“I often cry when I am happy, and smile when I am sad”
Anne Brontë might not be the most heralded of her sisters but that is to underestimate the different way in which she expressed herself. The striking feminism of The Tenant of Wildfell Hall remains as powerful as ever and in Deborah McAndrew’s adaptation, directed by Elizabeth Newman for the Octagon Theatre in Bolton of which she is the artistic director, it couldn’t find a better place to reassert those feminist credentials.
Even in these allegedly more enlightened times, the idea that a woman might stay in an abusive relationship is one that many people struggle with. And so as the story of Helen Graham unfolds, as the events of her past inform what happens in her present, McAndrew’s contemporary dialogue keeps a real modern urgency to the action. Alcoholism and abuse in marriage, gender equality and duty, the struggle for independence – this is timeless stuff.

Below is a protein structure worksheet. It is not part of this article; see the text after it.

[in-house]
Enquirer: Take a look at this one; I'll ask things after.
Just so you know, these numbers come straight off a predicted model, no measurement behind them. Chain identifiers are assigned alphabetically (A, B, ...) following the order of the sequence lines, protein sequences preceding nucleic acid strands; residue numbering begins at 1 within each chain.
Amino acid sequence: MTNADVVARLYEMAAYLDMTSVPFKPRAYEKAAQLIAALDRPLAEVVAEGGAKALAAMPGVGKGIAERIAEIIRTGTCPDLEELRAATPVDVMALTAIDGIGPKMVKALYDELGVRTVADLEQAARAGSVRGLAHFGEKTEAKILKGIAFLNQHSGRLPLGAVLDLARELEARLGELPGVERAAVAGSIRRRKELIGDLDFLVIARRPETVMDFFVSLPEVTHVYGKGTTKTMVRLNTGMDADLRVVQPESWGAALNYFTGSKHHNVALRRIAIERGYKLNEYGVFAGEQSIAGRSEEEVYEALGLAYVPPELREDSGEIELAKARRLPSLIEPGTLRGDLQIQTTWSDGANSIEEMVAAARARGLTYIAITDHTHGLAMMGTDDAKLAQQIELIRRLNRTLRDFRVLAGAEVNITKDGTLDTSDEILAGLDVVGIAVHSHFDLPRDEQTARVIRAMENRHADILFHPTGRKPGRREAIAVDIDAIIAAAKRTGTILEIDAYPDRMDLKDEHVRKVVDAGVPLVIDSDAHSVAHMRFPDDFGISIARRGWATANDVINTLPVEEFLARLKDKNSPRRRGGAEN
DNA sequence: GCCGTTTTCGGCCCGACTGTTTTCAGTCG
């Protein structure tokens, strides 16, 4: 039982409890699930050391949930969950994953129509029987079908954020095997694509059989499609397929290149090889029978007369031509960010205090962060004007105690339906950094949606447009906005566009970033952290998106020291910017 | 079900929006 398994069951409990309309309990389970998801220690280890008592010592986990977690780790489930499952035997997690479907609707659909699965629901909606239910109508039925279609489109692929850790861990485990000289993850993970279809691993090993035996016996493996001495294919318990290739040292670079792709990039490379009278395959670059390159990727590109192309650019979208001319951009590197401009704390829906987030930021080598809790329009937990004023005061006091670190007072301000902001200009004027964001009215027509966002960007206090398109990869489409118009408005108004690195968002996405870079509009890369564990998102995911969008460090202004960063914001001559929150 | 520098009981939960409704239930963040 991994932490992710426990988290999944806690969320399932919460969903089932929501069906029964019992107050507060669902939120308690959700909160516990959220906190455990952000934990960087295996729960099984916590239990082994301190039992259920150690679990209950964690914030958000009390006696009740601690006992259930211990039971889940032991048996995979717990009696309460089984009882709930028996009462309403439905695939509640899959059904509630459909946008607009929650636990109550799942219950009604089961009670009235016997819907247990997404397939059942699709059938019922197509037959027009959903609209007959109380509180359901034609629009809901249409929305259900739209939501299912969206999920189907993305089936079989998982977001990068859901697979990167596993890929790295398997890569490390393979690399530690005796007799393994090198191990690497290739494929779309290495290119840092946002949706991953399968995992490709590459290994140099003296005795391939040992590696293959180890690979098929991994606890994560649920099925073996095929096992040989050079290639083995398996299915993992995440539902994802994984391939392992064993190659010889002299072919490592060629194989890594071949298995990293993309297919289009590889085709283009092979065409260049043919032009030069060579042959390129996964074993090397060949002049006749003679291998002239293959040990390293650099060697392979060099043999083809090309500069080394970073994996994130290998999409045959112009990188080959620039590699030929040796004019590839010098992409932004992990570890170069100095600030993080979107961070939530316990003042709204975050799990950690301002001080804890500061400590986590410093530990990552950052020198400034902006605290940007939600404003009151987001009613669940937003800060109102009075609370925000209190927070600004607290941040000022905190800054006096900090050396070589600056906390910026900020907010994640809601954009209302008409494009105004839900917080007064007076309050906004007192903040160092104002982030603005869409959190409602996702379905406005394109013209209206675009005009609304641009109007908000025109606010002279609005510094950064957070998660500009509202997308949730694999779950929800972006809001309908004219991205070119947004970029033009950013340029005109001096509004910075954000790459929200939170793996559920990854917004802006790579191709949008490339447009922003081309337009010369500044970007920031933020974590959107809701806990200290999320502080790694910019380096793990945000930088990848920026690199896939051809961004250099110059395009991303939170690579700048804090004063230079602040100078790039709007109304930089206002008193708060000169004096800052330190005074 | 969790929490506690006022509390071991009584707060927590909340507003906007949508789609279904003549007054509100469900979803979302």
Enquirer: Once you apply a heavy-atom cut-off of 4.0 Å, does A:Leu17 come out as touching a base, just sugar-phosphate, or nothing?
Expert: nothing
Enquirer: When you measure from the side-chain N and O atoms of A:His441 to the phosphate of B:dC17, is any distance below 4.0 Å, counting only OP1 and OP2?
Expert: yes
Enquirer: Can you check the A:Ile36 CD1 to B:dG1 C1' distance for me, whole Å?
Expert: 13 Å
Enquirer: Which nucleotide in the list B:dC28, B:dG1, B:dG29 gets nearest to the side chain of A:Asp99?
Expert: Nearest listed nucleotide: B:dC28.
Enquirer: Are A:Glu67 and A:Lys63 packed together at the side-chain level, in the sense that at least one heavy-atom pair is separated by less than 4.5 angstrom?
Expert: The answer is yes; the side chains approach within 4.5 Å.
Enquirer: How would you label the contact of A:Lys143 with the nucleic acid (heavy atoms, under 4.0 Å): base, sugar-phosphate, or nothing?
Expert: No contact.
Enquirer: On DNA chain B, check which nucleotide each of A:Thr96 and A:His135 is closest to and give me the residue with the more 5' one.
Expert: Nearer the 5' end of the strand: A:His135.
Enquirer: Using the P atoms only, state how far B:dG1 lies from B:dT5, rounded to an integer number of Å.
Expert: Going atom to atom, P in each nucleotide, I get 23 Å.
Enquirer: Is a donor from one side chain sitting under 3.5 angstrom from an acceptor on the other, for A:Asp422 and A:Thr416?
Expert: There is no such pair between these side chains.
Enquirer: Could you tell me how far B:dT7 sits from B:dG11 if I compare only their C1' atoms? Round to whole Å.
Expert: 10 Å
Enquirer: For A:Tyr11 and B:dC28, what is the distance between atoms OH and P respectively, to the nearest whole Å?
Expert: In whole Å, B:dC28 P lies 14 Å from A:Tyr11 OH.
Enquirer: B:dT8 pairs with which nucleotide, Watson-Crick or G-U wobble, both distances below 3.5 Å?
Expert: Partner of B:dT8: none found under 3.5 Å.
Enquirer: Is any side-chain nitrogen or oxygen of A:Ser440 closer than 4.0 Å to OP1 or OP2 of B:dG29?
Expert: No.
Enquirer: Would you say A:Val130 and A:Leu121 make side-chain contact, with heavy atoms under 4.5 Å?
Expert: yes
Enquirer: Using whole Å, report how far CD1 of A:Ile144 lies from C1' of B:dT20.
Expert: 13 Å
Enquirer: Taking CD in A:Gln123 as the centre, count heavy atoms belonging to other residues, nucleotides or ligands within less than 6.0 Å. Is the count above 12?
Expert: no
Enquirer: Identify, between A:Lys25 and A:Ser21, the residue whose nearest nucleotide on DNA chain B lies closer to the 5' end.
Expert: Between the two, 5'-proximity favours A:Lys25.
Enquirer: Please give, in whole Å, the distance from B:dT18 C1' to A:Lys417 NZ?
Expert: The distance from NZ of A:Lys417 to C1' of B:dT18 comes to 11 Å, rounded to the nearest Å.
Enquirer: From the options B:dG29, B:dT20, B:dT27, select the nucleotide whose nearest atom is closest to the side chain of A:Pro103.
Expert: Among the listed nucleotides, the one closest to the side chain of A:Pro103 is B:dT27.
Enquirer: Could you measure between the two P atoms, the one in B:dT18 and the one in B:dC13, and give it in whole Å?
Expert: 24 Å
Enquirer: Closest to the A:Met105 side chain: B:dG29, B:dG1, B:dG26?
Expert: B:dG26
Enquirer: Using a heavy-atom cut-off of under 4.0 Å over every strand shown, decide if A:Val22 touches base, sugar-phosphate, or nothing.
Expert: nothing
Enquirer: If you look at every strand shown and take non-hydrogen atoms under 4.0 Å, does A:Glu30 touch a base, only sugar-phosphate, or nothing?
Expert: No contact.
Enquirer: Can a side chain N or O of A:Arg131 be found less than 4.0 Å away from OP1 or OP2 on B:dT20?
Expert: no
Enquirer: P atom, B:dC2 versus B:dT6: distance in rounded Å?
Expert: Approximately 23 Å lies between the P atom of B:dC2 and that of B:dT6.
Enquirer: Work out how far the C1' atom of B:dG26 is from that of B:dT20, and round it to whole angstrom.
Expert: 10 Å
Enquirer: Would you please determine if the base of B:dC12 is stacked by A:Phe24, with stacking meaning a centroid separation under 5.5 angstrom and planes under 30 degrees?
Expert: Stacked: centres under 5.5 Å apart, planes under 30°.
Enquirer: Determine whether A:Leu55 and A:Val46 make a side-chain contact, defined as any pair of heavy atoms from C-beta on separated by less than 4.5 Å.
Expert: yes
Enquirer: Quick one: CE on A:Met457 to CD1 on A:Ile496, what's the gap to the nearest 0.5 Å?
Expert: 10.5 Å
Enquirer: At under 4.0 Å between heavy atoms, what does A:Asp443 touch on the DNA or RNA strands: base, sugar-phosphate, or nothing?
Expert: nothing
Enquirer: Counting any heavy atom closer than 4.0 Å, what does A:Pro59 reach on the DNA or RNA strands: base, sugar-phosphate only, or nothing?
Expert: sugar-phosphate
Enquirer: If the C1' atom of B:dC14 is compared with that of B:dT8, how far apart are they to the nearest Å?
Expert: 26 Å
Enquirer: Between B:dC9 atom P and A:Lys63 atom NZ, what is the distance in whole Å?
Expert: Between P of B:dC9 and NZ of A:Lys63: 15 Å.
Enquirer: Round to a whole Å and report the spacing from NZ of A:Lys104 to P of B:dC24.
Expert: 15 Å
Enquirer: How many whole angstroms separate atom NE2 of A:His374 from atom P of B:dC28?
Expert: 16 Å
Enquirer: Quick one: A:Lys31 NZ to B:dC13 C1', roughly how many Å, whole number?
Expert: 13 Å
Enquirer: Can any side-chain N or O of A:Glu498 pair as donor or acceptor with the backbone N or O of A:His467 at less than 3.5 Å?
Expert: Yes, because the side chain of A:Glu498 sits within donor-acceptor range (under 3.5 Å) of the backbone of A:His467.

In Phoebe Pryce’s hands, Helen’s story is as interesting whether its the first half story of her strange arrival at Wildfell Hall and her crash-landing into the life of Michael Peavoy’s genuinely nice man Gilbert Markham, as it is the exploration of the past that brought her there. Clever doubling from the company of eight fleshes out the world in Amanda Stoodley’s intimately detailed design and what results is a powerfully effective adaptation of a novel you might not have expected to work this well onstage.